Lily JamaliCo-Host of KQED's The California Report
Lily Jamali is co-host of KQED's The California Report, which airs on NPR stations throughout the state. She also serves as a correspondent for the show. The program covers a wide range of topics that matter to Californians, including the economy, education, and immigration.
Twitter ResultsShe has closely followed the unfolding story of PG&E’s bankruptcy. Her work is shaped by her reporting on the 2018 Camp Fire while it was still burning in Butte County, a region she first covered as a local television reporter from 2004 to 2006.
Prior to joining The California Report, Lily was the anchor of Bloomberg Markets: Canada, where she steered editorial coverage for her hour-long daily news program covering financial markets, economics, and politics. She also reported for the Bloomberg Terminal, coordinating with the editorial team to break stories on-air and writing enterprise stories focused on the impacts of the Trump administration’s immigration policy on the Canadian economy.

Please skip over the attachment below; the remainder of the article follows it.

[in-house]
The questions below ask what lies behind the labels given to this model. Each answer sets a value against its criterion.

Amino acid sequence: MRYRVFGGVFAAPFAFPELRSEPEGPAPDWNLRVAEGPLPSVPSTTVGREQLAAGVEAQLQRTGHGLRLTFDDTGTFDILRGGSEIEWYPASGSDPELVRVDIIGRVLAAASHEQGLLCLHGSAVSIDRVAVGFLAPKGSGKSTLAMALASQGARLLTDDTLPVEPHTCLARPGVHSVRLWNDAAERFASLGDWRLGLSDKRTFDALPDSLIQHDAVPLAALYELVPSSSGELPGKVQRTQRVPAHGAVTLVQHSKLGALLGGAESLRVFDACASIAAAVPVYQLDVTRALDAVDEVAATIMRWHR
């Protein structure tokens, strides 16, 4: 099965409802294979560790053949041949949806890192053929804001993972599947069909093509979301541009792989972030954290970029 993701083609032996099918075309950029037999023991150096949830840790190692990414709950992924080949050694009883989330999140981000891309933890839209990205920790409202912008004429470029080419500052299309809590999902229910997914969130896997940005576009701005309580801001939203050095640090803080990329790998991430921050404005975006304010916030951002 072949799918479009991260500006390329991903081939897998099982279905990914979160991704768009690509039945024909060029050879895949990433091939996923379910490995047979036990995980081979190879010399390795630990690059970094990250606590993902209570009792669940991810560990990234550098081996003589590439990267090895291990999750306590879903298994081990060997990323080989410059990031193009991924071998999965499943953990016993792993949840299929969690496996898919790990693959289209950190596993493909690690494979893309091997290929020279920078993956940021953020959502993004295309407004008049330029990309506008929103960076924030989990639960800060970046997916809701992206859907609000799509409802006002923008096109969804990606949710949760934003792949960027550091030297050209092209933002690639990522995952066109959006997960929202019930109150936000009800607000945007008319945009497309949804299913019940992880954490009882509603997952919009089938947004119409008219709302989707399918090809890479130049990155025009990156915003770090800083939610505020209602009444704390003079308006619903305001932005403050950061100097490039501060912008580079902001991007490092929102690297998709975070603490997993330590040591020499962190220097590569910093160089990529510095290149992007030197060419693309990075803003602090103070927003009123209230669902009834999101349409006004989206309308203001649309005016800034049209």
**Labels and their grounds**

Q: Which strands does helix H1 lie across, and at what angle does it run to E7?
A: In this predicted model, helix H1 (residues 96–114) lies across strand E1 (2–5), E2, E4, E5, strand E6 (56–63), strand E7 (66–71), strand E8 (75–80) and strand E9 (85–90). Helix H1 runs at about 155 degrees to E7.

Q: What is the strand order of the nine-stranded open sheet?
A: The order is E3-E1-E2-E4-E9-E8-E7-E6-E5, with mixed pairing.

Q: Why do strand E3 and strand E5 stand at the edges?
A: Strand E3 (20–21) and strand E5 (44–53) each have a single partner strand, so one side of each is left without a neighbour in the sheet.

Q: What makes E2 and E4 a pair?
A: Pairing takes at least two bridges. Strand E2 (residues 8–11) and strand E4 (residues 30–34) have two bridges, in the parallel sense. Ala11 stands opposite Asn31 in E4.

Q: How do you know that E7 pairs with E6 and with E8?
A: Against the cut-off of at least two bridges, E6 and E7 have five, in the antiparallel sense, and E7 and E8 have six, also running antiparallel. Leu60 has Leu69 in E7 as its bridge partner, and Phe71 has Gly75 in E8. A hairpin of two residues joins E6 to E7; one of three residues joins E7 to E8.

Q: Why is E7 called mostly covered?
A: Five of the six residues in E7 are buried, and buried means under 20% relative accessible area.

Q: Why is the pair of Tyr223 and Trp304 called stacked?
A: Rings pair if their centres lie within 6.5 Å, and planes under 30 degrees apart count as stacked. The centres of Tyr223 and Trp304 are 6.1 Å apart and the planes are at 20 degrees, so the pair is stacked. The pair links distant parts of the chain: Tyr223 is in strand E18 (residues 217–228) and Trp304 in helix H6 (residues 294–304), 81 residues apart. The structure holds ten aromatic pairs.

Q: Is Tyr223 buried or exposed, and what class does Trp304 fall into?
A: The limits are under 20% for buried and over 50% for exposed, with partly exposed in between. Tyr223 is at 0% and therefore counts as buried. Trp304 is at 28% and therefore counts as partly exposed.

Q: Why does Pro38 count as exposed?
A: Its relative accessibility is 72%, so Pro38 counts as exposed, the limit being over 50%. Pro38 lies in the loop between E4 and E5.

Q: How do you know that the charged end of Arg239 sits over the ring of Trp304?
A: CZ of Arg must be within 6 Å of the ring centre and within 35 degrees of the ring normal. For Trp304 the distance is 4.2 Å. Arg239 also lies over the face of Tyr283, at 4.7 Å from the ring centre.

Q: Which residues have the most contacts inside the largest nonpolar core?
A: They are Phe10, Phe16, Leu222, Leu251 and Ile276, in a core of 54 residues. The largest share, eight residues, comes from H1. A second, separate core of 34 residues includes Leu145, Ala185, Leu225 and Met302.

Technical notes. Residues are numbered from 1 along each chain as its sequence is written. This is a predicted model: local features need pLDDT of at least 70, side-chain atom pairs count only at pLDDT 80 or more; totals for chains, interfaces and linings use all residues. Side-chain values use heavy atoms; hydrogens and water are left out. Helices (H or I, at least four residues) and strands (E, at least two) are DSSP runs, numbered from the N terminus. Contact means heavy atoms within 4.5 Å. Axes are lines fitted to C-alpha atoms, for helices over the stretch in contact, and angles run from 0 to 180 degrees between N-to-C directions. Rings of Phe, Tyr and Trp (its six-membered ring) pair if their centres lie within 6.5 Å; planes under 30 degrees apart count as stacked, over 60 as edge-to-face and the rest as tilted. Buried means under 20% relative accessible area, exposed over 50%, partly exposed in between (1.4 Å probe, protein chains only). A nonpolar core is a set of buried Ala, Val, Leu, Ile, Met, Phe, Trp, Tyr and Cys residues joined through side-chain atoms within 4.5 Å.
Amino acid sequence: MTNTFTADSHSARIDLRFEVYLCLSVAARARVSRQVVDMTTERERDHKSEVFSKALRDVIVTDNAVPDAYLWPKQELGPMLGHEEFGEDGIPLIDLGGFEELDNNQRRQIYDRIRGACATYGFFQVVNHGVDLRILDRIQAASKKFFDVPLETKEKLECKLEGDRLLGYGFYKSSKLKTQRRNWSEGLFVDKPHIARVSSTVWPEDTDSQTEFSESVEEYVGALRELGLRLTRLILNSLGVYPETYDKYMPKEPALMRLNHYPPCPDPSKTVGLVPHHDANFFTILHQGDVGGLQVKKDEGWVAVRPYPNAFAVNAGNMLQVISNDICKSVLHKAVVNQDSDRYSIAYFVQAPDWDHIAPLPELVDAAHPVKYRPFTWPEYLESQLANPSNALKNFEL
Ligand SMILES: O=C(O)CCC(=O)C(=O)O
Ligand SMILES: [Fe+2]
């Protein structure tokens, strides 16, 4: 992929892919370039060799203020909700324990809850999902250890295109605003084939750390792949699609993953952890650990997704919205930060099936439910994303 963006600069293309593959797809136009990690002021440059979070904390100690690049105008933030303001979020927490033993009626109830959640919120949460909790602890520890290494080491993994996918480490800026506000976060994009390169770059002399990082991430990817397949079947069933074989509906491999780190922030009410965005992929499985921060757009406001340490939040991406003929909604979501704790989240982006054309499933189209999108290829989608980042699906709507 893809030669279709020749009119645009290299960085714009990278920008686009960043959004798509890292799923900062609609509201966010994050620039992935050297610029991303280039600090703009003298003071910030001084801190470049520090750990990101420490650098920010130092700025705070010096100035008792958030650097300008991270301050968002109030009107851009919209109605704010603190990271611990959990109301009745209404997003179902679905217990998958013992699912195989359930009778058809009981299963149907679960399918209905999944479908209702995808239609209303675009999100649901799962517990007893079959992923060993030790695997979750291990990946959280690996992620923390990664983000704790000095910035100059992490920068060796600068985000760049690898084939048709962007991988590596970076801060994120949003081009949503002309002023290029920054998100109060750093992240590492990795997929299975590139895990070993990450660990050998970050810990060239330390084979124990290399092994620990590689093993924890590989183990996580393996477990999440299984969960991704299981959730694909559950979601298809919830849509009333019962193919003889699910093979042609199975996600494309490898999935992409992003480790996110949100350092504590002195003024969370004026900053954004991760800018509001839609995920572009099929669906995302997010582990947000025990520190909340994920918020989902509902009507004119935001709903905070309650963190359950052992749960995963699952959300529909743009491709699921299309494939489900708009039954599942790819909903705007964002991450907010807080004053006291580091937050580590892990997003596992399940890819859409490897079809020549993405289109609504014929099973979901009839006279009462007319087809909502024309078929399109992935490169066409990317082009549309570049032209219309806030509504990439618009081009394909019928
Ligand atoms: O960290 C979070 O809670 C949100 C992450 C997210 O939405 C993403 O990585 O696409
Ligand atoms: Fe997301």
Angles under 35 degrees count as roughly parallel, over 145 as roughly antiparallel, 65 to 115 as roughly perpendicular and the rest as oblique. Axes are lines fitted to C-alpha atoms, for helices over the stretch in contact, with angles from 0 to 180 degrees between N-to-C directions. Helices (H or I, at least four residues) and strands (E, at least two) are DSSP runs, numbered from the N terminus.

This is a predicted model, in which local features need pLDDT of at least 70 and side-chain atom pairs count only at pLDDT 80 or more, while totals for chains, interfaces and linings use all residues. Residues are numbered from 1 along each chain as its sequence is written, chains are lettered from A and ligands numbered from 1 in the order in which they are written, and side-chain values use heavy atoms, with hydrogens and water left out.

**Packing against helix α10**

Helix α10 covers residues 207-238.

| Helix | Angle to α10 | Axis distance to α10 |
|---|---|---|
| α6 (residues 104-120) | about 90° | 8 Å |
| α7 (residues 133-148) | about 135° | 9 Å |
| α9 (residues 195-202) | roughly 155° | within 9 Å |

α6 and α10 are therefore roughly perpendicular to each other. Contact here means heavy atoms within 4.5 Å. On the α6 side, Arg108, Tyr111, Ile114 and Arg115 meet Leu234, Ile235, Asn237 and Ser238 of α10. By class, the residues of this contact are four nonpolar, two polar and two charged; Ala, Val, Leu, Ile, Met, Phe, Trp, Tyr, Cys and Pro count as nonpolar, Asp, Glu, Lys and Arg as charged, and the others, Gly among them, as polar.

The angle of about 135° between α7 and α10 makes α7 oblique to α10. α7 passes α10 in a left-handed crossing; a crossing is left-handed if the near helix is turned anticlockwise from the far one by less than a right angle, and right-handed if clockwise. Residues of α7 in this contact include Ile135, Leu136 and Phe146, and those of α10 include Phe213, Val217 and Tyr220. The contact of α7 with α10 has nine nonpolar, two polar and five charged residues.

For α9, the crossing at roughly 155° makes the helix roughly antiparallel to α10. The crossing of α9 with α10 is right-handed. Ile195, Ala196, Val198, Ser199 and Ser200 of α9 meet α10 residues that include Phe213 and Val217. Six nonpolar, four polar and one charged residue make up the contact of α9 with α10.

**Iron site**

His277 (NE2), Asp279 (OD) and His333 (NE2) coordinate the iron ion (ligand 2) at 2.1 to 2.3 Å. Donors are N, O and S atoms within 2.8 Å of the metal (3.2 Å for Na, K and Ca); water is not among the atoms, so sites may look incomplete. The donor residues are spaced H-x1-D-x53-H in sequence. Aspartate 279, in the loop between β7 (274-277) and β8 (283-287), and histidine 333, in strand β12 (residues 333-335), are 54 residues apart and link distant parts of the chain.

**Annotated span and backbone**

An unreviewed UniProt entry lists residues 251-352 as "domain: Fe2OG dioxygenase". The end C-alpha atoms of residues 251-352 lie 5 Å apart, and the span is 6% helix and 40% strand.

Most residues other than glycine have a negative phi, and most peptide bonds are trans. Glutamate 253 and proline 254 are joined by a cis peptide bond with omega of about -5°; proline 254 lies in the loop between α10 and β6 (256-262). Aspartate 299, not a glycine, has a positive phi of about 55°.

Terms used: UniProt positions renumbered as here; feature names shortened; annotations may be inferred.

Previously, Lily worked as a reporter and producer for Reuters TV, covering tech, company news, and economics from both San Francisco and New York. In 2014, Lily was part of the Reuters team at the World Economic Forum in Davos and the Aspen Ideas Festival.
A California Newsroom analysis of federal filings found 20 Wall Street hedge funds collectively dumped 250 million PG&E shares, and grossed at least $2 billion after the utility emerged from bankruptcy protection last year.
Attorneys in the fast-growing wildfire litigation industry are racing to recruit victims of fires ravaging parts of Northern California, and they're promising to take on a familiar target: PG&E.
A bipartisan group of state lawmakers has asked for California Attorney General Rob Bonta to probe the spending and administration of the PG&E Fire Victim Trust.
A fire survivors’ rally drew about a hundred people to the Skyway in Paradise Saturday. The vast majority of fire victims have not yet received any money from a trust that was set up last year to distribute billions of dollars as part of a settlement.
In its first year of operation, the PG&E Fire Victim Trust spent nearly 90% of its funds on overhead expenses while families who lost their homes waited for help.